photograph & text (c) T. Boughen

Monday, October 30, 2006

Bridge 98

click photo to enlarge
With the opening of the Lune Aqueduct in Lancaster in 1797 the 42.5 mile Lancaster Canal was completed. Barges could now make the journey from the industrial town of Preston to Tewtitfield near Kendal. Unusually among English canals, the Lancaster Canal needs no locks to negotiate changes of level: the only locks a user needs to encounter are on leaving the main stretch for either the Glasson branch, that allows access to the River Lune and the sea, or the new River Ribble connection to the Leeds-Liverpool Canal south of Preston.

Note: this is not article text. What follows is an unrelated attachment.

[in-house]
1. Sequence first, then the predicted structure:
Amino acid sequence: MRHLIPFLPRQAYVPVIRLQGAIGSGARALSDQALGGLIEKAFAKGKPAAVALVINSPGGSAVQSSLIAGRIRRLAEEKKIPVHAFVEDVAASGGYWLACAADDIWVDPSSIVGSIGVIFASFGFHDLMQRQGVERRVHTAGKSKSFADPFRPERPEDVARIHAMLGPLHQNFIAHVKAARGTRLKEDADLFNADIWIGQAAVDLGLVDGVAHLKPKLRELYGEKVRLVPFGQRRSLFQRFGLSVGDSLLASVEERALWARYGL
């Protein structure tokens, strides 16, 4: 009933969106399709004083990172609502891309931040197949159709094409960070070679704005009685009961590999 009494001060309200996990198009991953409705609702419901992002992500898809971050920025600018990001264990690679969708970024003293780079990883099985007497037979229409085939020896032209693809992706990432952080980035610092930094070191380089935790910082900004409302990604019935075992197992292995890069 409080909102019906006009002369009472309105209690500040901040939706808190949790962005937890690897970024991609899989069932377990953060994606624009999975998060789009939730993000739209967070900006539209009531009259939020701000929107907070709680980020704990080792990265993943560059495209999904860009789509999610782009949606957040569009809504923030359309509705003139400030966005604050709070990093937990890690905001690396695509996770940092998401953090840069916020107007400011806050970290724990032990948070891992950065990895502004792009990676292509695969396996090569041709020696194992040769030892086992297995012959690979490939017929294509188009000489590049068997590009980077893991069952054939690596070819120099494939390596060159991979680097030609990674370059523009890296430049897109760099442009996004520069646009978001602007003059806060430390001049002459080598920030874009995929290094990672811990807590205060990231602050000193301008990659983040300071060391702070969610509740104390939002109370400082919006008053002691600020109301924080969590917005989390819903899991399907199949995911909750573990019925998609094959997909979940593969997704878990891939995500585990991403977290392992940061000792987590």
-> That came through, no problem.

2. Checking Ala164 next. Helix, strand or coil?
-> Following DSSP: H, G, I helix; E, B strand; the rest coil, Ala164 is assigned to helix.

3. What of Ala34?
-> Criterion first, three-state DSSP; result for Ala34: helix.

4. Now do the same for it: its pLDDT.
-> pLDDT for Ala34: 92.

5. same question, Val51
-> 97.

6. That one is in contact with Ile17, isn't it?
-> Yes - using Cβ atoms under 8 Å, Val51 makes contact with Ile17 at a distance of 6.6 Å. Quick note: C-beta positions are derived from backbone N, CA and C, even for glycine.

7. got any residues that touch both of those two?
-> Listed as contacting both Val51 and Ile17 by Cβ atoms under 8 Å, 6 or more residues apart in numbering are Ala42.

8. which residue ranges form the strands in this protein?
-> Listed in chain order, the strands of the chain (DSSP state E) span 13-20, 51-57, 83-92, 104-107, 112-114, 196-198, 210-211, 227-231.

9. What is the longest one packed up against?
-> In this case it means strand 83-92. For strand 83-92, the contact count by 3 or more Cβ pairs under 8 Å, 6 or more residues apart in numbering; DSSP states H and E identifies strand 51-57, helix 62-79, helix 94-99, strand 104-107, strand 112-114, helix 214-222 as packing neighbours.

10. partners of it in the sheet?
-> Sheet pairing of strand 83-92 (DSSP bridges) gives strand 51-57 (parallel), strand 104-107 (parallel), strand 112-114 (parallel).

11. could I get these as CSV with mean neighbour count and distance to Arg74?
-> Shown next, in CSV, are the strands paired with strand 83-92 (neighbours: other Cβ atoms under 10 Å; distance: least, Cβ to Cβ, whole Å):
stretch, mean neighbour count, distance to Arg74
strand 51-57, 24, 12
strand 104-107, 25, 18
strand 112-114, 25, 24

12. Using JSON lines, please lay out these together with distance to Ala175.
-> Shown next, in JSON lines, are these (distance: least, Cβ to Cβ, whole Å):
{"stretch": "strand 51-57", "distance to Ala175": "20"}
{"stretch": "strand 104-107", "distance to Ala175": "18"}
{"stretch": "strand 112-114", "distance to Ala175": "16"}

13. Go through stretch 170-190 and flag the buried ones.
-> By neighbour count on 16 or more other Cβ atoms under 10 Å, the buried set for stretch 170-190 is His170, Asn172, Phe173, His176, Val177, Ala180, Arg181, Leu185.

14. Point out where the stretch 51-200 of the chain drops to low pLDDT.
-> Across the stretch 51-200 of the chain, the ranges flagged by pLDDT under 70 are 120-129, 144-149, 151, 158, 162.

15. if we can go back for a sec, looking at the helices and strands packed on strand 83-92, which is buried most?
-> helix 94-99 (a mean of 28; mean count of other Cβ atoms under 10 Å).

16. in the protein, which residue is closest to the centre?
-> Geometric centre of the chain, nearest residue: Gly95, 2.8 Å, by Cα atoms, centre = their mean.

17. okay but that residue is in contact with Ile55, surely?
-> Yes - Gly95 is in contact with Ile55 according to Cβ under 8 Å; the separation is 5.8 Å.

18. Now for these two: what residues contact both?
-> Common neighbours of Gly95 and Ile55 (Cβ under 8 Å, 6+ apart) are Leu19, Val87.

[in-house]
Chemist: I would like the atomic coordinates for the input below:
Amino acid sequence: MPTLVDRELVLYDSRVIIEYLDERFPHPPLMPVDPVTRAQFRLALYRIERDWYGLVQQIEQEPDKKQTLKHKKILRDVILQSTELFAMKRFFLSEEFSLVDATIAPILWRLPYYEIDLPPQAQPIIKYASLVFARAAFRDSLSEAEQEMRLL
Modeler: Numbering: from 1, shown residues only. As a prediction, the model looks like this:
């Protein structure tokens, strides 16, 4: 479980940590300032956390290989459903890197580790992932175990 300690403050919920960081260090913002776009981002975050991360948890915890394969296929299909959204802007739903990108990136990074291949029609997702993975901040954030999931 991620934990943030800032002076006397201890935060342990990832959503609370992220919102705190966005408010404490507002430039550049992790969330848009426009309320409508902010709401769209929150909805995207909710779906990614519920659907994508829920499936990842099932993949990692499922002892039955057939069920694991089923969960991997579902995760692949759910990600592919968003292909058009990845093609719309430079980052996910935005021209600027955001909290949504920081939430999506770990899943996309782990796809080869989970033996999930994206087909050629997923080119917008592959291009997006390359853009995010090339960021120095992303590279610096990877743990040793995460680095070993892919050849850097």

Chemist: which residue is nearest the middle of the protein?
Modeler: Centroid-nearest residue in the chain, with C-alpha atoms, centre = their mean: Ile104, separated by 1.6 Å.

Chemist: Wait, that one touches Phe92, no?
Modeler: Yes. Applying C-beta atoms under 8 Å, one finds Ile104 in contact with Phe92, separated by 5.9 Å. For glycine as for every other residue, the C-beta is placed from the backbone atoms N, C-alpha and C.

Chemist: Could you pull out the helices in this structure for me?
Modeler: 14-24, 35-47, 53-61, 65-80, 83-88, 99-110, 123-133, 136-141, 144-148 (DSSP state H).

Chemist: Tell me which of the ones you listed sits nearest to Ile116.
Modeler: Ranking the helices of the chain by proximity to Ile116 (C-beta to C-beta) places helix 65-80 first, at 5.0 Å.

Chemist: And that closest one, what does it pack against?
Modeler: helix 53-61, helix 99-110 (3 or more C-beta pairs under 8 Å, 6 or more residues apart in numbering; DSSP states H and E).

The canal provides a beautiful path, mainly through open countryside, for walkers as well as those afloat. Only one city - Lancaster - and only two towns - Garstang and Carnforth - are met with on its route through North Lancashire, though villages, hamlets and farms abound. The canal is a living repository of structures from the Industrial Revolution, many of them listed as being of historical interest and importance. These include the aqueducts over the River Wyre and River Lune, mileposts, and about 120 bridges (mainly stone-built). Interestingly, the first barges to use the canal were horse-drawn and a number of bridges have purpose-made cross-over steps to allow the horse to cross the canal when the tow-path changed sides, without stopping pulling! One such barge of 1833, the iron-hulled "Water Witch" with a length of 76 feet and a beam of 6 feet, was pulled by two horses that were changed every four or five miles. It took 10 hours to go from near Kendal to Preston. Later barges were steam powered, and today diesel-powered pleasure craft are the almost exclusive users of the route.